Bill Behrns began life, in 1920, as a three-month premature baby, weighing barely three pounds. Behrns grew slowly, but size had no bearing on his ability to play ball and outrun the other kids. By the age of six, Bill Behrns was driving a team of mules and soon after, one of their farm tractors. He received his driver's license at the age of 14.
After high school, Bill spent three years in college. Prior to completing his degree, he landed a lucrative sales position with Standard Oil, and after 15 months, he transferred to management in a federal government job at Benecia Arsenal.
During this time, Behrns' buddies took him to an air show to watch America's two premier pilots, Roscoe Turner and Tex Rankin. The excitement consumed him, and Behrns decided then he would become a pilot and fly P-38s. He was drafted in December of 1941. Through ingenuity and risk-taking, Behrns seized an opportunity to take the Air Corps flight exam and passed. He excelled in flight school and in June 1943, graduated as a commissioned officer and pilot of P-38s. Bill Behrns had realized his dream. Eventually, he was sent to active-duty in the CBI (China, Burma, India) Theater of War, as a member of the 459th Fighter Squadron. Behrns flew 104 combat missions with the 459th. He shot down five Japanese Fighters in the air and destroyed six on the ground. After 13 months with the 459th, Bill was invited to be a part of a newly formed squadron, the 58th Fighter Squadron 33rd Fighter Group. Behrns transferred as a transitional training officer for new pilots. Because the Japanese had withdrawn all of their planes but left their armies, the squadron's mission was then to soften up enemy armies and enable allied armies to overcome their threat. Behrns' last mission was April 14, 1945. After a month of leave, he was sent on a new assignment to fly P-80 Shooting Stars.
Bill Behrns left the service in August, 1945, to establish a livestock trucking company. After 13 years of decent pay but small interest on his investment, he sold his company in favor of joining a partner in a retail store.
After 12 years, he sold his interest in the store and joined Boise Cascade as a manager in land development and sales. Six years later, he chose a new opportunity in management with Bankers Life Insurance Co., and after five years, he developed his own company. Behrns retired at age sixty-seven.
Bill Behrns holds the American Defense Medal, the C.B.I. Combat Medal, and the Distinguished Flying Cross with two oak leaf clusters. He also holds the Air Medal with two oak leaf clusters, the Unit Presidential Citation, and the Good Conduct Medal.
In later years, Behrns has given more than 60 lectures to schools, businesses, and airports. He has also been invited to participate in air shows from Pennsylvania to Oshkosh and points beyond. In good health at the age of 91, Bill Behrns is still on the move.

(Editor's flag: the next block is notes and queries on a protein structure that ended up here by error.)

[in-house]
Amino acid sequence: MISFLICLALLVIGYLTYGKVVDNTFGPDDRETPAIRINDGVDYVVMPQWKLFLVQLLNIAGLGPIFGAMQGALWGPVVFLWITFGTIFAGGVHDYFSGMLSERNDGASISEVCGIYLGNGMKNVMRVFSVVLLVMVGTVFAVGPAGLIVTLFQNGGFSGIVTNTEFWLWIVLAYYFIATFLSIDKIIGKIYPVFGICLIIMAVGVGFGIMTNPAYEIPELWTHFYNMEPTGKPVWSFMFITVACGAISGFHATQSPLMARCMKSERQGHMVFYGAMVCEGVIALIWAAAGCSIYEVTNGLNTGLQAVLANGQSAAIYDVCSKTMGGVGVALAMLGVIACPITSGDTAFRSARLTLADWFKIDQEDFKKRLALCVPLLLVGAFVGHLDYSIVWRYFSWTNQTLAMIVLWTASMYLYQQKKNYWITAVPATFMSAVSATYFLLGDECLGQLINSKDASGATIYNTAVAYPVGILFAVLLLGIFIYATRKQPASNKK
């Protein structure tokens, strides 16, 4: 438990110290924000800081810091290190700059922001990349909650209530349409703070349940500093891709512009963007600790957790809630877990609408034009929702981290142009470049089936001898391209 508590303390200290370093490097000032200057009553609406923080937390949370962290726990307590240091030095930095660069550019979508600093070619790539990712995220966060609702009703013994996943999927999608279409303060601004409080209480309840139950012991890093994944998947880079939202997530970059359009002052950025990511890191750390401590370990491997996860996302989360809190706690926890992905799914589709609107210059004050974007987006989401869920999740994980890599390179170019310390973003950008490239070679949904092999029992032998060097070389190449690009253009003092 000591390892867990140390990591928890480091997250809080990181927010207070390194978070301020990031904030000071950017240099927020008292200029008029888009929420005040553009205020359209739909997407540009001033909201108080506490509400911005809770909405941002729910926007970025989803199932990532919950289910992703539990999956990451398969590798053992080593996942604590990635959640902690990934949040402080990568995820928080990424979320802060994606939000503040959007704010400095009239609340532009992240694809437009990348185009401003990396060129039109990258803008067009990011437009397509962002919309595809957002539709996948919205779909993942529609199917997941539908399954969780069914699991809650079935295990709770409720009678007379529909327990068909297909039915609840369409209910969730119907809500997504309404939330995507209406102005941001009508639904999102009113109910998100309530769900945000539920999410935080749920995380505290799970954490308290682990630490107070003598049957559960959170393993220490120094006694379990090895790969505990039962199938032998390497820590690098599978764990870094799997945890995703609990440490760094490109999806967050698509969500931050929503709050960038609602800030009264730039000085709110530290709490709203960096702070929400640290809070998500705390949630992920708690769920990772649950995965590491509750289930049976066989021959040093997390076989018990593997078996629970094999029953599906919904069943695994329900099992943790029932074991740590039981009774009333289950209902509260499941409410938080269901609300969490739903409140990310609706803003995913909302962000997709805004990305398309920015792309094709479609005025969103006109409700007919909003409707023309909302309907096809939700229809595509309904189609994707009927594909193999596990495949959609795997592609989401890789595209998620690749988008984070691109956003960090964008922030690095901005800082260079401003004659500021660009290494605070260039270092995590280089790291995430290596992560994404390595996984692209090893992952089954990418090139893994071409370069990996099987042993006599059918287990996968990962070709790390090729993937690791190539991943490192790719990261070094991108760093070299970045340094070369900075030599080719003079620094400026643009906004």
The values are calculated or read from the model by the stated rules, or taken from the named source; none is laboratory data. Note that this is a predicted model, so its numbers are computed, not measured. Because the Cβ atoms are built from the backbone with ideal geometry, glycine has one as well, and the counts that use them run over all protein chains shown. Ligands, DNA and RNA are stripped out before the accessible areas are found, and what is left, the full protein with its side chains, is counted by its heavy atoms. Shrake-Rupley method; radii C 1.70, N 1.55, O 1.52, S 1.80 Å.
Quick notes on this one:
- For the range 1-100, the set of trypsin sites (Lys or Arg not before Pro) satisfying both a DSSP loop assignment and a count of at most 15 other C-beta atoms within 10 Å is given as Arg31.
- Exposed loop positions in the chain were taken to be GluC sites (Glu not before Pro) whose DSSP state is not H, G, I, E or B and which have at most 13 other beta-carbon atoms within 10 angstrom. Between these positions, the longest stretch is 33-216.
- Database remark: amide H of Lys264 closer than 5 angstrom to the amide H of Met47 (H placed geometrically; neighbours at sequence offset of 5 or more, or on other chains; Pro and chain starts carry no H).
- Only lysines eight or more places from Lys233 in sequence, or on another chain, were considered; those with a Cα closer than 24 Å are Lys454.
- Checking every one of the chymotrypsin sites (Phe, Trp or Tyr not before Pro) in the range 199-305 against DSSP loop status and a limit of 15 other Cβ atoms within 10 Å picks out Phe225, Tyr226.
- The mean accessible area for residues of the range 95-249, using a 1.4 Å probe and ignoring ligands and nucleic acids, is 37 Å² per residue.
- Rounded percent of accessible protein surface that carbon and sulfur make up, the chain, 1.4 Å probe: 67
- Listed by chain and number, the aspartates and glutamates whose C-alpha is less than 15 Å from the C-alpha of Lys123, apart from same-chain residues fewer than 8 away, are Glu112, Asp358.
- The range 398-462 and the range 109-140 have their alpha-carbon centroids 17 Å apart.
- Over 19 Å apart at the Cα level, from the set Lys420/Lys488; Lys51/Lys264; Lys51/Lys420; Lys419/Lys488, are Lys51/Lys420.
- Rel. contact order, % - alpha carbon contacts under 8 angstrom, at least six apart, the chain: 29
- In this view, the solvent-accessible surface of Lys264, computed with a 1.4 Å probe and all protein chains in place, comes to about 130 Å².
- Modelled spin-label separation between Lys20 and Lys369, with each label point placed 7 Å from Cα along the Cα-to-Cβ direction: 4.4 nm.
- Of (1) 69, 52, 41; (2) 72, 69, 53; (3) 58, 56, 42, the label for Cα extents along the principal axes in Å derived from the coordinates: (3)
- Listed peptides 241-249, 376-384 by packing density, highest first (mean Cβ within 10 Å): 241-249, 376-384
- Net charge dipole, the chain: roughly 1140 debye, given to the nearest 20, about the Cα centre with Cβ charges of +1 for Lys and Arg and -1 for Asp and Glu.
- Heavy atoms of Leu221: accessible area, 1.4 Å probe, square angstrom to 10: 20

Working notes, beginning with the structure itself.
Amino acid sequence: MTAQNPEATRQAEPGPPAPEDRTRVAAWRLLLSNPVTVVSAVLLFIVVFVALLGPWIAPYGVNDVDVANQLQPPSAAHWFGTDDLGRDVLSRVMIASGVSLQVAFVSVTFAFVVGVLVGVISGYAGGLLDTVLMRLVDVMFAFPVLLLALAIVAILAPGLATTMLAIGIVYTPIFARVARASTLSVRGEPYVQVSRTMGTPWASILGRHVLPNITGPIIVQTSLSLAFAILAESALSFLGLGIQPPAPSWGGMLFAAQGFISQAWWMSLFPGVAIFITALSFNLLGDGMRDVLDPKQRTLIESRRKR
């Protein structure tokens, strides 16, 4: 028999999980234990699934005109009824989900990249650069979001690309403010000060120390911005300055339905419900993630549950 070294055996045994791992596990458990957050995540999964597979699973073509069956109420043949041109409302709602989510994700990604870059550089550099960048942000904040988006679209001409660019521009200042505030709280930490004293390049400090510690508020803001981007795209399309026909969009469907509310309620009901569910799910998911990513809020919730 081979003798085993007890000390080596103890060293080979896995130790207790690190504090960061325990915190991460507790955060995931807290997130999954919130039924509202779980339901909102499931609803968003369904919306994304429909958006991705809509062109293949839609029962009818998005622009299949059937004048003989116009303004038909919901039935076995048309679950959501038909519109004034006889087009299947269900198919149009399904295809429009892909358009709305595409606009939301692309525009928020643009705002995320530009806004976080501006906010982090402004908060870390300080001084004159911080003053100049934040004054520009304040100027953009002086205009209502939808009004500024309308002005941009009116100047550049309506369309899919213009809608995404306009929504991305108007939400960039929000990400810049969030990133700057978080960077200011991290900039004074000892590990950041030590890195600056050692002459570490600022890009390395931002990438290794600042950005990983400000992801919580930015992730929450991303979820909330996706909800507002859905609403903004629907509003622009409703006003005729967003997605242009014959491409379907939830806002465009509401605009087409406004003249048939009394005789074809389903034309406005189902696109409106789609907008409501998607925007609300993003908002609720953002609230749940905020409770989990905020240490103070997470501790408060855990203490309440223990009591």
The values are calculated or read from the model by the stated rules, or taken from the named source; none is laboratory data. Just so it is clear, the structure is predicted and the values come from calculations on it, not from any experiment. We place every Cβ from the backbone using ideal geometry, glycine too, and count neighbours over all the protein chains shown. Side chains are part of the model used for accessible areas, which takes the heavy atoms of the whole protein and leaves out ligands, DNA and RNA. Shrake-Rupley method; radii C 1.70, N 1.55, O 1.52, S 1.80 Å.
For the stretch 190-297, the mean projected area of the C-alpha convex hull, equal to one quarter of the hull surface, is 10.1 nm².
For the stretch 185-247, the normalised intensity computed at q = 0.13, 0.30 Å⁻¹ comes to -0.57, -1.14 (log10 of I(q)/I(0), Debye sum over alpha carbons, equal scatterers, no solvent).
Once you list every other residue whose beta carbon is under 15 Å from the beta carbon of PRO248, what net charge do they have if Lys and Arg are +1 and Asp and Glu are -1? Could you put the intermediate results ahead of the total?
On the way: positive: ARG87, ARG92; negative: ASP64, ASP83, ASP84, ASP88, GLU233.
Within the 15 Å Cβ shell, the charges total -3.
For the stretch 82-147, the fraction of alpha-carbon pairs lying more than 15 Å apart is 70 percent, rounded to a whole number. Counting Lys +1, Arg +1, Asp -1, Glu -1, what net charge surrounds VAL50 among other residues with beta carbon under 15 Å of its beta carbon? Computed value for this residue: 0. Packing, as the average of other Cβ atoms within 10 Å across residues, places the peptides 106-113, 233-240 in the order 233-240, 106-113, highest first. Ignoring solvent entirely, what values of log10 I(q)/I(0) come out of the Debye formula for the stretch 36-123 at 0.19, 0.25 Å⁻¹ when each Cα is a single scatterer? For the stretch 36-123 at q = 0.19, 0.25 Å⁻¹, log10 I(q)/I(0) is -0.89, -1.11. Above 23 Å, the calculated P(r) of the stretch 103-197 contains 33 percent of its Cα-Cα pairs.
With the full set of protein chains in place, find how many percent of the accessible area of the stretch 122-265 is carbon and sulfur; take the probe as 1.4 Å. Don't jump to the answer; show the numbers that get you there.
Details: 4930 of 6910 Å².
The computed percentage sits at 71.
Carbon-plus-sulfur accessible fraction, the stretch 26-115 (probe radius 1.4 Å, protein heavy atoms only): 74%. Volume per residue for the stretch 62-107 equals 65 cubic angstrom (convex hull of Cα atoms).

Author Kenneth S. Moore was born and raised in Santa Maria, California. All members of Ken Moore's family were involved in education. Moore's father was a principal and superintendent, and his mother and sister were both elementary school teachers. So of course Ken Moore became a teacher as well. After graduating from Sacramento State with a master's degree in history, Moore spent the next twenty-five years teaching a variety of subjects at the junior high school level, but Moore enjoyed teaching history the most.
Ken Moore was a man of many interests, including racing Porsches and excelling in golf. After retiring from teaching in 2001, he continued working with young people as a founder and coach with the Stockton Junior Scholastic Trap Association. Hunting waterfowl, deer, and game took him to Mexico, Argentina, and Africa.
Ken Moore was an avid reader, amassing a wealth of knowledge about the Civil War and World War II. His interest in combat aircraft and World War II led him to two groups in Sacramento, California, where former pilots from World War II met monthly. It was at these meetings that Moore met Bill Behrns, a P-38 pilot and World War II Ace. After several years of gentle coaxing he talked Bill Behrns into letting him write about Behrns' experiences, which became the book, The San Joaquin Siren.
The San Joaquin Siren was almost completed when Ken passed away unexpectedly in May 2011. Ken's wife of 40 years, Tina, graciously and proudly brought together and finished The San Joaquin Siren for him. The night before Ken passed away, he received notice from Amethyst Moon Publishing that they would be honored to publish The San Joaquin Siren. Writing a book and getting published were Ken Moore's lifelong dreams.
with Kenneth Moore
This book is available for purchase at amazon.com, barnesandnoble.com, iTunes, and/or your local bookstore.